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Gold - Disconnect Between Fundamentals And Price. Perception Rules.

Saturday 18 January 2014

What will it take to turn the gold market around? One would think it
would be obvious that fundamentals are not the answer, while so many
believe that fundamentals rule. We are reminded of the
fundamentalists, especially "value investors" whose financial world was
literally turned upside down when the stock market crashed in 2008.
While "value" and "fundamentals" were considered the economic
bedrock of the stock market, it turns out that everything is really
steeped in perception, for they changed dramatically.

The stock market's investment compass was smashed back then, when
many once considered solid companies lost half their value, some even
more. The investment community was stunned. But that is "ancient"
history, as is almost anything that is longer than a few months in
time. That has been [nearly] forgotten and replaced by the fiat
euphoria levitating the stock market for the past few years.

What does this have to do with gold? Like everything else, it is all
about perception, even in the Precious Metals, [PM]. It gold a
commodity, it is money? [History proves that only fools consider it a
"barbaric metal.'] It has been the most consistent barometer of value
for many centuries. This is but one perception that many in the PM
camp have forgotten to hold fast, and they only focus on current price
relative to its peak of a few years ago. A few years out of over 5,000,
and some wonder about the validity of gold as a safe haven? Oh, ye
of little faith comes to mind.

It is a misplaced hand-eye coordinated thought. "All of the
fundamentals are screaming
high demand for and a shortage of
physical gold, but price keeps on dropping."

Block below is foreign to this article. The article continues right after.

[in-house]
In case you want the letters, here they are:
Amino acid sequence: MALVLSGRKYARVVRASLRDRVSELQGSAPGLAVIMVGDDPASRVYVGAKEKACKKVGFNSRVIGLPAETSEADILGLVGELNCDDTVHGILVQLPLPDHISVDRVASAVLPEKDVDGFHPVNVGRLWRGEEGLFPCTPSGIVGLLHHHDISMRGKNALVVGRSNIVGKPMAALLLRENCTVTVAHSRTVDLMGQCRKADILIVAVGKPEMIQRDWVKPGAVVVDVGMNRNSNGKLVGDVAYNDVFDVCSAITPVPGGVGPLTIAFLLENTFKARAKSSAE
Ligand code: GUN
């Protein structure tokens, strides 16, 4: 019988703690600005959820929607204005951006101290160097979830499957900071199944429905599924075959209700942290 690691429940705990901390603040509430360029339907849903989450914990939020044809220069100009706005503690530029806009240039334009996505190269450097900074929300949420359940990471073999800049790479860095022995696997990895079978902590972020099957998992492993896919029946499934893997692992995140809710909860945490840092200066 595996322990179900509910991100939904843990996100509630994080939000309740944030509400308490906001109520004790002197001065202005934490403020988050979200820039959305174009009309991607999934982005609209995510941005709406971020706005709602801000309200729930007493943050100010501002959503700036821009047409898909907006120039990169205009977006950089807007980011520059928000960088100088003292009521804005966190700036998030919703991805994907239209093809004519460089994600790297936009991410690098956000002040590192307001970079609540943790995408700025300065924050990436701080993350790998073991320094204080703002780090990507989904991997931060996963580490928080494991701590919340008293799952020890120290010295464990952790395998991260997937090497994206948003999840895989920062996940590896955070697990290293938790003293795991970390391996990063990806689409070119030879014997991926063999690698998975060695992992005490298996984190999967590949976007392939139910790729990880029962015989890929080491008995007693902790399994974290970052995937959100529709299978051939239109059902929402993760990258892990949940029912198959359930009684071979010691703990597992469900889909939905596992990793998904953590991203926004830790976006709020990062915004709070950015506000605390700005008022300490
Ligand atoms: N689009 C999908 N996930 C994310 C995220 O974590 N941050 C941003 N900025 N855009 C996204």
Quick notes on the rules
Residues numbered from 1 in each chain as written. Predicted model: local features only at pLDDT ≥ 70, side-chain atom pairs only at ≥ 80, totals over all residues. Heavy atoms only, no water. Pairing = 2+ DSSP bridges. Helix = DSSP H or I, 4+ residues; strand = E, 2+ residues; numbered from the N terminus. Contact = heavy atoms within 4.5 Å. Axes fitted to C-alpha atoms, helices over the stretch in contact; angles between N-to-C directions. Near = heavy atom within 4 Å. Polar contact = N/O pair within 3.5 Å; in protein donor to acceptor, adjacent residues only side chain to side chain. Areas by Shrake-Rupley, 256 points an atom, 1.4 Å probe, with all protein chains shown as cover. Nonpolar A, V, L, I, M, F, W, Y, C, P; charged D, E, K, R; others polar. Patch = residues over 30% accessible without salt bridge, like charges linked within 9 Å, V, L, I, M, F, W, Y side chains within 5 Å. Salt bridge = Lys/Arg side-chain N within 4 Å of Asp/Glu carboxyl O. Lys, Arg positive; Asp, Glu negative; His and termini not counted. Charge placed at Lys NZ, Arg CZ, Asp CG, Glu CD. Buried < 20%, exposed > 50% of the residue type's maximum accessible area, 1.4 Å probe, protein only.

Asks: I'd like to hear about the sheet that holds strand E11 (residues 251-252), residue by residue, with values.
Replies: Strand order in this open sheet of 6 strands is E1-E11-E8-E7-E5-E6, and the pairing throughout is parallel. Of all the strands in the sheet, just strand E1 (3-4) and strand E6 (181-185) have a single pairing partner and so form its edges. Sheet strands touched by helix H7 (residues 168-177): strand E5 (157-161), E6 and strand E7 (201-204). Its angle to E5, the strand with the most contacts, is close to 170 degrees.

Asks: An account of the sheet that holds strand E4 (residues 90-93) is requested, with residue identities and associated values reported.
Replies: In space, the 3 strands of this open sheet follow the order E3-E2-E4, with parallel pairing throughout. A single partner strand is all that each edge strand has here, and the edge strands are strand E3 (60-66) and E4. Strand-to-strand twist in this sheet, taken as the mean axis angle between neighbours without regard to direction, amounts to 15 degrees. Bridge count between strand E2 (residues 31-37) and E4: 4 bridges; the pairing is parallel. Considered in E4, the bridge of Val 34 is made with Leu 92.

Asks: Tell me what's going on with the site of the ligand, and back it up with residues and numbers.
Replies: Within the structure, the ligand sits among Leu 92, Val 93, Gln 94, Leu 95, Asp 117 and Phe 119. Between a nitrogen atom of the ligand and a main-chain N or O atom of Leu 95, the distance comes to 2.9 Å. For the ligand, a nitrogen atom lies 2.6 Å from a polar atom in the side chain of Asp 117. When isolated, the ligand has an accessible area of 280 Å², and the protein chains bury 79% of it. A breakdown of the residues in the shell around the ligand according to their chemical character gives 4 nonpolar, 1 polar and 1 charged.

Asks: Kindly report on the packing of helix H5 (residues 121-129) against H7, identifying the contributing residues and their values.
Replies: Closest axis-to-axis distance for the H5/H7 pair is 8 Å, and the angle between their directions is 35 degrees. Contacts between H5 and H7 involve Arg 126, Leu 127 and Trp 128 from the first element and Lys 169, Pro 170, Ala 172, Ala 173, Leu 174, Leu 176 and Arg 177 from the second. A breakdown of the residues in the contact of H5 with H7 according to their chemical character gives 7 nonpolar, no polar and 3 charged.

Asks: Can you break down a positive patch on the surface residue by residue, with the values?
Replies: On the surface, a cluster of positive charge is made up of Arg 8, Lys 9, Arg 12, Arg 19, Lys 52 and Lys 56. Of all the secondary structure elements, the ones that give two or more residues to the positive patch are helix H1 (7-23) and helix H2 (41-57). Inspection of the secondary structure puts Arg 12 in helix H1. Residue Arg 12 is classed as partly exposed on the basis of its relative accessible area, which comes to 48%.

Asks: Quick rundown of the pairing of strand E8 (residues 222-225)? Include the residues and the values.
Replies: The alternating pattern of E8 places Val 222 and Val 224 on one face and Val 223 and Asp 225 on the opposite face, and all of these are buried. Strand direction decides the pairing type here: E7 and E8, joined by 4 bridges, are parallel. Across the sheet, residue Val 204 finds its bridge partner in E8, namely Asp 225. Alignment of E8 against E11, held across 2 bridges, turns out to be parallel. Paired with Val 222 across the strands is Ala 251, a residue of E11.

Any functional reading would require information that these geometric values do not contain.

Or any close variation that captures price insecurity in the minds of "gold bugs," or as we call them, smart people. If your perception is focused solely on where the
price of gold is, as opposed to where you think or believe it ought to be, the elites would like to sell you a renewable subscription to their "Fiat Is Better" newsletter.

Why is gold not at higher price levels?

An excellent question, and we repeat, the perception that fundamentals should rule is a misplaced one, at least for now. Everyone who is even remotely interested in gold knows that the COMEX and LBMA vaults are
just about bare. The COMEX has been nursing a default on physical
delivery for gold and silver since last summer. There have been none.
Those who stood to take delivery received cash, or rolled forward. This
is certainly an acknowledgment that there is no gold or silver, yet that
fact has not translated into a stampede of customers demanding gold.
Even Deutsche Bank cannot get delivery of their own gold!

Keep focused on your objectives and the reality of events. Right now,
people can buy gold coins and bars almost at will. If Deutsche
Bank has to wait seven years to get just some of its gold back, and
they are not an isolated example, if the vaults are nearly depleted, and
you can buy gold coins and gold bars from dealers every day, in light of the whole world recognizing a shortage, everyone should be taking
advantage of the disconnect between perceived value and the reality of
current prices and buying as much as they can!

One thought to keep in mind is, if fundamentals are not what is moving
the markets, then what is? If the perceived catalyst of fundamentals is
wrong, then there must be some unseen forces at work. If we can
perceive what those forces are, we may better understand why PMs are priced where they are. We will have a related article on silver,